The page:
Christ has given His church deacons to lead the church in its ministries of mercy. Deacons serve those in the church by ministering to people in their times of need. Though deacons lead in this area, ministries of mercy are also the responsibility of every Christian.
Providing mercy to those in need is often a challenging task. It involves giving of yourself. I think that Paul understood this, for he encouraged those who were providing care for others not to grow weary in doing good (Gal. 6:9).
Yet we can quickly grow weary of doing good for a number of reasons. I’ll mention three:
First, it can be frustrating. Ministries of mercy are often aimed at those in dire straits. There’s no guarantee that our investment of time or money will result in a life change. There’s no guarantee we will see any change happen. Sometimes we see progress. Other times we see regress. And more often than not, we see progress quickly followed by regress.
Second, there’s potential for failure. We may give money to the wrong person. We may get scammed or cheated. We may pay to feed someone’s addiction. People won’t make good on their promises or live up to their potential.
Third, it makes us feel foolish. Ministries of mercy have a way of taking us into places of deep personal insecurity and asking us to give from places we feel the least qualified to give. How can we help the woman who gave birth to a dead baby, the young mother dying of cancer, the older, home-bound couple who can’t seem to scrape together enough money to pay their light bill, or the young man who suffers from a mental disorder that keeps him from getting steady work? Often it just seems easier to ignore the problem. Keep people at a distance. Send off a check. Pretend we don’t see or don’t care.
Mercy ministry is tough. But it’s good. When we participate in ministries of mercy, we are reminded in a real way of people’s need for a savior. We soon realize we aren’t that savior.
That’s one of the reasons doing mercy is so beneficial. It reminds us that there are problems in this world we can’t solve with hard work or money. The sin outside of us, the sin in others, and the sin in our lives means that this side of Jesus’ return, there will be poverty. People will suffer. There will be needs.
It also reminds us that we serve a God who is committed to eliminating that poverty, that suffering, those needs — forever. His son died and rose from the dead, guaranteeing a better day is yet to come (Rev. 21:3–4). When we meet another’s need, we are reminded to hope for that day to come.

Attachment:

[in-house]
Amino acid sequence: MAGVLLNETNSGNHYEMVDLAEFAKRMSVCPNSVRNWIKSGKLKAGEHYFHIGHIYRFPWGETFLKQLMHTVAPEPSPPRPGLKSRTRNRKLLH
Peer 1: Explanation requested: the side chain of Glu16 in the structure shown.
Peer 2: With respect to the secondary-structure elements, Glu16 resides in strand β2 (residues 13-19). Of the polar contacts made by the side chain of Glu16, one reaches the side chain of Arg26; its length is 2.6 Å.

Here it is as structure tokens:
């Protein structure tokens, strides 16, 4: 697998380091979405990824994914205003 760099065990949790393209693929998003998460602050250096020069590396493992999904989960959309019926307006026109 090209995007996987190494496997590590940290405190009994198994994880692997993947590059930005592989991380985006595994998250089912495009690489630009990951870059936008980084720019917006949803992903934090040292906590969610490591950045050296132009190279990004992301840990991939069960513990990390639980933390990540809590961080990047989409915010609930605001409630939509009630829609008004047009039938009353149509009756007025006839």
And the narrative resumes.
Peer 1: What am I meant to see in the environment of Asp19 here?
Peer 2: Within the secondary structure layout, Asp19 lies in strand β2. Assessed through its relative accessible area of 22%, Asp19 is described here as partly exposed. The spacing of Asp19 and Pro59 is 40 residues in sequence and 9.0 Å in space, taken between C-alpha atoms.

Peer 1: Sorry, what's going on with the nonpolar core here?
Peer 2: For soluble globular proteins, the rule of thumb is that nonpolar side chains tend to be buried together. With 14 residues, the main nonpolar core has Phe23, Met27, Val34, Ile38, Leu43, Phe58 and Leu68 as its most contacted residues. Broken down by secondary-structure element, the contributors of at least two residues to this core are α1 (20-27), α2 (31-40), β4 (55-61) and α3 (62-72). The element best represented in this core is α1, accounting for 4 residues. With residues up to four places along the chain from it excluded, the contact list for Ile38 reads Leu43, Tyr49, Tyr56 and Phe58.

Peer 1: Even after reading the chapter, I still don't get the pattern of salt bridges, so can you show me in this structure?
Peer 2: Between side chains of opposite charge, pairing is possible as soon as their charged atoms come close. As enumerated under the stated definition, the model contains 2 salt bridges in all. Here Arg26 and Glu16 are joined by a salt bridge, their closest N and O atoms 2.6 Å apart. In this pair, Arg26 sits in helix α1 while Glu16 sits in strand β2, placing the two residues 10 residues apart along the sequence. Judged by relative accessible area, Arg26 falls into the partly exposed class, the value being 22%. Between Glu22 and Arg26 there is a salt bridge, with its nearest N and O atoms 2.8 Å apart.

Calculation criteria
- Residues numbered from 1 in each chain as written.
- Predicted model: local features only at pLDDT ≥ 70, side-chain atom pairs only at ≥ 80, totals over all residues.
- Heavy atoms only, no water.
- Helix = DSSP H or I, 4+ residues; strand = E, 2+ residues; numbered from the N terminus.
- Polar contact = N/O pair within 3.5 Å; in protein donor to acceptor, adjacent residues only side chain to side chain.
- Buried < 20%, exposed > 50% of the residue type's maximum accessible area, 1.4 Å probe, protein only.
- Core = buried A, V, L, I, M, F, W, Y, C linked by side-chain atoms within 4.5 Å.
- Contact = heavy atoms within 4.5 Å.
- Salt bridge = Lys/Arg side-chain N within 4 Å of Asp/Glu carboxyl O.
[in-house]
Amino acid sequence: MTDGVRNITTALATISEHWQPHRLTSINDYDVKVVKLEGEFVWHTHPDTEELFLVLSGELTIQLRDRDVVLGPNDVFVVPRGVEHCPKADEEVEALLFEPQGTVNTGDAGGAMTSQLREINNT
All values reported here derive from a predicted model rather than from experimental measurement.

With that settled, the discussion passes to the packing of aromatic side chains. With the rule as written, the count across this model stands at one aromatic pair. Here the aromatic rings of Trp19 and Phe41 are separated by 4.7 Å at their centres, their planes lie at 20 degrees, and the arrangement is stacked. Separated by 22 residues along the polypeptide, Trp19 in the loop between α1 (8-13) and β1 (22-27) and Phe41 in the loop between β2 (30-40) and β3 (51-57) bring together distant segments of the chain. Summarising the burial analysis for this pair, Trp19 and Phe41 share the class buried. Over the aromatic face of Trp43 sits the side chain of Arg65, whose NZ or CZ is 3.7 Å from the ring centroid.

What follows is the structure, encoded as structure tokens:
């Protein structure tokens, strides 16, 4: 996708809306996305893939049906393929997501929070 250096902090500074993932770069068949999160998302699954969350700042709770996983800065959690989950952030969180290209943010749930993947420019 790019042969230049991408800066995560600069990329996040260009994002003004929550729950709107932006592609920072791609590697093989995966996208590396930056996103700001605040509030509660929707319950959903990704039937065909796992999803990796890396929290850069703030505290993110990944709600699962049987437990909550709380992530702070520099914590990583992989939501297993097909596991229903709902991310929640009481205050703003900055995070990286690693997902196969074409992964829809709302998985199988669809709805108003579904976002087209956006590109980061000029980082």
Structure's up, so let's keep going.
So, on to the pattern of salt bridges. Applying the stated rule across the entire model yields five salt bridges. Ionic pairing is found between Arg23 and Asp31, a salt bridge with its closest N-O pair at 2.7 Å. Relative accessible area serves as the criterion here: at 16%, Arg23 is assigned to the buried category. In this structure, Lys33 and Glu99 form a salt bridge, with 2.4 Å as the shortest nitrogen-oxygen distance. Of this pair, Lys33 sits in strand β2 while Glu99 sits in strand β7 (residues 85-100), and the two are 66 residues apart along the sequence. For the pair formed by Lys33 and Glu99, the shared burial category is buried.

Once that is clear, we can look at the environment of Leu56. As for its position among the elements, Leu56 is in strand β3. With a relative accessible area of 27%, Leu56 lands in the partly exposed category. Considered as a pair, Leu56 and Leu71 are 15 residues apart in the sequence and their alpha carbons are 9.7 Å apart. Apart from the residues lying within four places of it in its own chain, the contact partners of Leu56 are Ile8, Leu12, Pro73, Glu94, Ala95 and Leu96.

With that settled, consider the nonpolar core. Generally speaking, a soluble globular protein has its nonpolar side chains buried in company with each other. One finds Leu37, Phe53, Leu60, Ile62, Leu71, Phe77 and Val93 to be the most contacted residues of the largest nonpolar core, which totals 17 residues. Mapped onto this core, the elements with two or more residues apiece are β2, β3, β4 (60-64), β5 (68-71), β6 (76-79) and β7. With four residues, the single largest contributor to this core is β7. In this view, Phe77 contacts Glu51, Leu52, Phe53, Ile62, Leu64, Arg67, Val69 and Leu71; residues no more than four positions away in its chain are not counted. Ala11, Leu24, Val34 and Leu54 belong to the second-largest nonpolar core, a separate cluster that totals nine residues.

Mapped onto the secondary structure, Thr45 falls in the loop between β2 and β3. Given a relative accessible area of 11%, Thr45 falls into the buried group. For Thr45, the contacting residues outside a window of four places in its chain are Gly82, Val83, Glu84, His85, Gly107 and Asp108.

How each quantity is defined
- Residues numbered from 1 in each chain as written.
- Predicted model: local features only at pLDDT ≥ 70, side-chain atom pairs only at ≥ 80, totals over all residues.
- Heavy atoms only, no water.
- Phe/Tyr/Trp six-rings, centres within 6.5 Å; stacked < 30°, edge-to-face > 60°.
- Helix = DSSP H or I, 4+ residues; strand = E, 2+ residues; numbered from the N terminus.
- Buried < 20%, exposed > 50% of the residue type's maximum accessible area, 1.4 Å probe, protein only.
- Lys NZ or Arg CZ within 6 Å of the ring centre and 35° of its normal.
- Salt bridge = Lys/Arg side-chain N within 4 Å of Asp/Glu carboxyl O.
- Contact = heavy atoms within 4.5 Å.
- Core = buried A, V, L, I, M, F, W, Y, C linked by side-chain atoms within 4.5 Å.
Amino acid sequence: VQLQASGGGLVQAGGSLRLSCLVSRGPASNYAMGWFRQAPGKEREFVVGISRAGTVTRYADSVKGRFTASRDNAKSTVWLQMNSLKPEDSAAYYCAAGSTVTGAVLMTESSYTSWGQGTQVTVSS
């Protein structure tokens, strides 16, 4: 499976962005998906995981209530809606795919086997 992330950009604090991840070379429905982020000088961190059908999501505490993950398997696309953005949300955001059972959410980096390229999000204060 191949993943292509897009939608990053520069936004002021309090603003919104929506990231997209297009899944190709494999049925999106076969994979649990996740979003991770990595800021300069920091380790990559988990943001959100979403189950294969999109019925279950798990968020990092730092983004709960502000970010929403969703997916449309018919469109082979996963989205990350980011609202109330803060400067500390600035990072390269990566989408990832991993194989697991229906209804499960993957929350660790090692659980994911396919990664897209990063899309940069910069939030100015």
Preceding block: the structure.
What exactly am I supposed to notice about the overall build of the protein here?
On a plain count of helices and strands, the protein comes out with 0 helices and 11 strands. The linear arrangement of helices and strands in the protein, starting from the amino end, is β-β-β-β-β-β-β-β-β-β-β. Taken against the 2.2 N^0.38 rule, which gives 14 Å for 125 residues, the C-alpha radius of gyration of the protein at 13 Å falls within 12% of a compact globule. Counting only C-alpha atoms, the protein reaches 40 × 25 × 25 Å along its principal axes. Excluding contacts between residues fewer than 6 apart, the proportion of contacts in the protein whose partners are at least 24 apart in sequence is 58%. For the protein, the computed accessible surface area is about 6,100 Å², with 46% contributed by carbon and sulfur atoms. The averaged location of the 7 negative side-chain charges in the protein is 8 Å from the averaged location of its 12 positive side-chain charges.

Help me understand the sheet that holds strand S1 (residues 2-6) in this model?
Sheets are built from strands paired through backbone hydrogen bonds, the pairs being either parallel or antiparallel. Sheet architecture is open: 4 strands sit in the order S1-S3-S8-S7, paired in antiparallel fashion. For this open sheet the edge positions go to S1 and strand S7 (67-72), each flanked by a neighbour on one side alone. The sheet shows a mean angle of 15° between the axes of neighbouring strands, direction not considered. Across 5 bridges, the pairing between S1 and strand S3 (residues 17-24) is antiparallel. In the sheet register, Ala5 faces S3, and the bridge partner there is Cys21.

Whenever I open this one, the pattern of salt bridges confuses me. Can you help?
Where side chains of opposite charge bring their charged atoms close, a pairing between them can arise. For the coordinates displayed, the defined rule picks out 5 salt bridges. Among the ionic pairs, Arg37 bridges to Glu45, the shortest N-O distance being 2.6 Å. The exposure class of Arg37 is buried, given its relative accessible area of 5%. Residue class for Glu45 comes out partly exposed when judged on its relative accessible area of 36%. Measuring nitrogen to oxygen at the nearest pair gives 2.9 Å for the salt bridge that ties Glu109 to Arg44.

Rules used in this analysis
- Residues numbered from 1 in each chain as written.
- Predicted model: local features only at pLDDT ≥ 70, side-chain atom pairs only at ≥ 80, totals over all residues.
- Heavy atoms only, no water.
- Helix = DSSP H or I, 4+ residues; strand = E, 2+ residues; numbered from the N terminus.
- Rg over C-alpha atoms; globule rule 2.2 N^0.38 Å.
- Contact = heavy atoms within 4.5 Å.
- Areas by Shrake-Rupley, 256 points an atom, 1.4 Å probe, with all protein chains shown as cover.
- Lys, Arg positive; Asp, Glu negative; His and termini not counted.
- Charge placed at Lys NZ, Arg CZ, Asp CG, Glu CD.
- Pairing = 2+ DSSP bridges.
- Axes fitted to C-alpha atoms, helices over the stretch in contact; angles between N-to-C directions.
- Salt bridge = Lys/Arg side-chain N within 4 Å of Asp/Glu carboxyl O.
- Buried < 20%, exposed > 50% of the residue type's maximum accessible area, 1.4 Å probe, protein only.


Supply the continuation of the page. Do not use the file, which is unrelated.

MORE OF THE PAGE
Doing mercy also serves as a wonderful test of our hearts. Passages like 2 Corinthians 8:9, James 2:14–17, and 1 John 3:16–18 indicate this. Our doing mercy — or not doing mercy — demonstrates our grasp and application of the gospel. It helps us see the things in our heart that we worship and hold dear.
If you are being merciful, praise God. You are showing others the mercy He has shown you. If you aren’t being merciful, seek to grasp the mercy that is yours in Christ. Consider what it means that Jesus left heaven, came to earth, and died on a cross — for you. Ask God to help you grasp the mercy He showed you in Christ. Ask yourself; If this is the mercy I’ve received, how can I not be merciful to others? How can this mercy help me be merciful to others?
God commands us to be merciful (James 1:27). When we show mercy, we glorify God by imitating Him and giving expression to the mercy He’s given us.
Here are four practical ways to practice mercy within your church.
Give to an alms fund. Jesus said that what you do with your money is a good indication of the things you really value. If you want to be merciful and want your church to be known for its mercy, commit your money to help those in need.
Get involved in ministering mercy to those in need. Don’t simply abdicate your Christian service to the deacons. Find places of need. Ask how the Lord has gifted you to care for those needs. Meet those needs. Get direction from your deacons if needed, but you don’t need the deacons’ permission to care for needs. Scripture already gives you the authority to do so.
Get involved in a way that fits whom God has made you to be (Rom. 12:3). If you are skilled at carpentry, use that skill instead of trying to cook a meal. If you can train people to work or help them get jobs, do that instead of filling boxes at the food pantry.
Make mercy ministry part of your small group or Sunday school class. Pool your money to have funds on hand to meet needs that arise in your group. Use the financial and people resources in your group to meet needs that you know of through your networks. Don’t abdicate what you can handle; don’t foolishly take on what you can’t meet.
When Paul shared the story of his calling and training with the apostles, they confirmed he was not called to preach a different gospel. They approved of his calling and of his theology. They did encourage him, though, to do one thing: “Remember the poor.”
Paul’s response? “The very thing I was eager to do” (Gal. 2:10). By God’s grace, may the same be true for us.